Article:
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Wet spring brings end to N.H.'s drought

By JASON SCHREIBER
Union Leader Correspondent

May 04. 2017 8:53PM
This map from the U.S. Drought Monitor website shows the improvement in drought conditions since April 25. (SOURCE: http://droughtmonitor.unl.edu/)

Farming this spring is nothing like last year.

“As far as soil conditions go, it’s actually like a normal spring,” said Phil Ferdinando, owner of J&F Farms in Derry.

A wet spring combined with recent snowmelt have brought an end to New Hampshire’s drought conditions that began last spring and persisted through some of the winter months.

The latest U.S. Drought Monitor report released Thursday showed that while it’s still abnormally dry in parts of southern New Hampshire, none of the state is in a drought.

“With the latest rain things are coming up,” said Tom Hawley, a meteorologist and hydrologist at the National Weather Service in Gray, Maine.

Precipitation recorded in Concord since Jan. 1 is 1.93 inches above normal.

April was a wet month, Hawley said, adding that the rainy weather is expected to continue over the next couple of weeks.

Another 1 to 2 inches of rain is likely Friday and Saturday.

“Right now we’re certainly in a wet period. I can’t rule out that sometime in June or July we could go back to a dry period,” he said.

Groundwater is expected to continue to recharge until all of the foliage has returned. The recharge will be over once the leaves are out within the next couple of weeks, Hawley said.

“If we can get to normal levels we should be OK going into the summer,” he said.

The recent drought was the worst since one in the 1960s that lasted for several years.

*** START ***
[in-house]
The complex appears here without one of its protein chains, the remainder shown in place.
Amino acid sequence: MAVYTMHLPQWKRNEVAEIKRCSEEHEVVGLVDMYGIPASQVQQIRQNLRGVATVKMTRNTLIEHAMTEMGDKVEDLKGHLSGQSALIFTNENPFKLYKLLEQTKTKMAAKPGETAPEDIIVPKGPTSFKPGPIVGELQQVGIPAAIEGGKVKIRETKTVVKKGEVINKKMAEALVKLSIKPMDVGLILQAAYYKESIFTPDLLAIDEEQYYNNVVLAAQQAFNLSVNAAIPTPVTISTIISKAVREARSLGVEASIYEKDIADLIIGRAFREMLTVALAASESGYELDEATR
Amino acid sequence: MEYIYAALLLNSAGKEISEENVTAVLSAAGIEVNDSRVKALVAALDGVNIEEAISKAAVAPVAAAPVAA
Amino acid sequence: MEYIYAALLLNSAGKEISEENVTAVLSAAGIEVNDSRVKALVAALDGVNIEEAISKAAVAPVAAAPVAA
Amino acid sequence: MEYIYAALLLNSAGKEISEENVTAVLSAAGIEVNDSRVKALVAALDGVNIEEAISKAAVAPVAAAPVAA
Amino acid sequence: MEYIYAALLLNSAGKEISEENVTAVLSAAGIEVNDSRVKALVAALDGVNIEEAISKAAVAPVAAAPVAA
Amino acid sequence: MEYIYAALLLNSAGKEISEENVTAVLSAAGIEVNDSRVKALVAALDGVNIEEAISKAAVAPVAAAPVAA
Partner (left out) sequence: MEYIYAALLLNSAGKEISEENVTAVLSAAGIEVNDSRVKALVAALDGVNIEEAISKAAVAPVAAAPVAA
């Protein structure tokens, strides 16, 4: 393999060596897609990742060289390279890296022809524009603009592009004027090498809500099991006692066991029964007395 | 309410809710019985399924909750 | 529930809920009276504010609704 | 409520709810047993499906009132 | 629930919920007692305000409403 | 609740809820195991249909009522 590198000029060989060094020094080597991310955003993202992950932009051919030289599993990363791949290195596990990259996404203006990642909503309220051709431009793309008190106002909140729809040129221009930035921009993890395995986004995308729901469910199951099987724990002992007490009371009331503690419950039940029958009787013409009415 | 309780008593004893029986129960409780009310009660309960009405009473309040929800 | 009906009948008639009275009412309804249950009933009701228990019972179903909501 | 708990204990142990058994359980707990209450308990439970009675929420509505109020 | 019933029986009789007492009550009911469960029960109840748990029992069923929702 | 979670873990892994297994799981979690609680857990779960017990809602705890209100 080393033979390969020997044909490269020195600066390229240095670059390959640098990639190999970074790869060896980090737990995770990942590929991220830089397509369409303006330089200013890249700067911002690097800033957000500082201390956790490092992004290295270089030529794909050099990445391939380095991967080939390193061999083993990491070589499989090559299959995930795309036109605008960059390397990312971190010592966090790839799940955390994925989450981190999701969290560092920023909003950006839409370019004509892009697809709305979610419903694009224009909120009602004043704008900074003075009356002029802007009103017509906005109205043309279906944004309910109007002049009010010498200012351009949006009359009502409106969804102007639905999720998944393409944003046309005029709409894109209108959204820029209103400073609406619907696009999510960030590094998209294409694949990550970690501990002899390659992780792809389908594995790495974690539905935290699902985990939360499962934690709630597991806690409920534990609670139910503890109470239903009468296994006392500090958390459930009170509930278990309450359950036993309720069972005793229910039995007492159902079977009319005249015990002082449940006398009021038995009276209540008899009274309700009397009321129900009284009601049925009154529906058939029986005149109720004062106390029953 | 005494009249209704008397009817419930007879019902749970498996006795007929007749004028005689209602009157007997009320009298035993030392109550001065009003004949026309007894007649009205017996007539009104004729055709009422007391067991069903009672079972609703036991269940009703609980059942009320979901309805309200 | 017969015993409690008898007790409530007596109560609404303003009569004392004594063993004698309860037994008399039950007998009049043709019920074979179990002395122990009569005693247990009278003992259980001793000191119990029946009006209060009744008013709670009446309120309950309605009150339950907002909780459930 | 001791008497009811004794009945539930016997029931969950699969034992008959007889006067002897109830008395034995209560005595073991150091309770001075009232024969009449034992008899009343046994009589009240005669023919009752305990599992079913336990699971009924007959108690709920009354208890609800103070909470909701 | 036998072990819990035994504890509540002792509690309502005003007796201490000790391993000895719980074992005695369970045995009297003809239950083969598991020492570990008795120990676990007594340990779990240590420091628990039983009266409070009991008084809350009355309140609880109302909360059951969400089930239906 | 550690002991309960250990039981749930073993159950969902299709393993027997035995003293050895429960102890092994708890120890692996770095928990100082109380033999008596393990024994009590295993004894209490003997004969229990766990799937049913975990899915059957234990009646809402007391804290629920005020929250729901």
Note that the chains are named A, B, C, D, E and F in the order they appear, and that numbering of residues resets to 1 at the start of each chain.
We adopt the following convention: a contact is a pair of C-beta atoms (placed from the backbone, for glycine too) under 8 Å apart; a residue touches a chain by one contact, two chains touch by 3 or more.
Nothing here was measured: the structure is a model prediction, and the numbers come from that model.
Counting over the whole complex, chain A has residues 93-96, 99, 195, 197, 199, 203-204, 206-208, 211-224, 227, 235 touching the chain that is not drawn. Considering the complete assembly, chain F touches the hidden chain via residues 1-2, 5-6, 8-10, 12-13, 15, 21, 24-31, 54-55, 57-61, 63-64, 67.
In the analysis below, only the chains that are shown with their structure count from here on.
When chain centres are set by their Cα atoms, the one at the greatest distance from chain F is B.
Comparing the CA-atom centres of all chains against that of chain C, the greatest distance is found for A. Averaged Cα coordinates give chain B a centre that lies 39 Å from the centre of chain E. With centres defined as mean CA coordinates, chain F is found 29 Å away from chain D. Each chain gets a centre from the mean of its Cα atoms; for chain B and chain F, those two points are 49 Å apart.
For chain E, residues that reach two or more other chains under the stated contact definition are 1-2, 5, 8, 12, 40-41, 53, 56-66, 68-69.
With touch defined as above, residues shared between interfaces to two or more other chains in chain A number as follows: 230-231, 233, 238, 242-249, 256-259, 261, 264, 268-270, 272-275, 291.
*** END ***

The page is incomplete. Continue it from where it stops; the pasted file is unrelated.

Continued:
It began last spring after the state experienced below normal snowfall and a dry April. Conditions worsened through the summer, causing many dug wells in southern New Hampshire to dry up.

“We didn’t get the typical recharge in the spring that we would normally get. It really hurt the farmers the worst because that’s when they were planting and they really needed the rain to germinate crops,” Hawley said.

Unlike last year, Ferdinando said there are parts of his fields that are now wet.

He said he’d prefer drier weather for planting and preparing the land, but he’s glad to see the drought conditions are over.

“This year has been good so far,” he said as he prepared to spend the rest of Thursday afternoon planting corn.

Many other vegetables have already been planted, including peas, lettuce, broccoli, cabbage, cauliflower, squash and cucumbers.

Meanwhile, several towns and cities affected by the drought have left outdoor water restrictions in place, but Hawley said they could consider lifting them depending on the status of their local water supplies.

Still, he said, people should be careful not to waste water.

jschreiber@newstote.com


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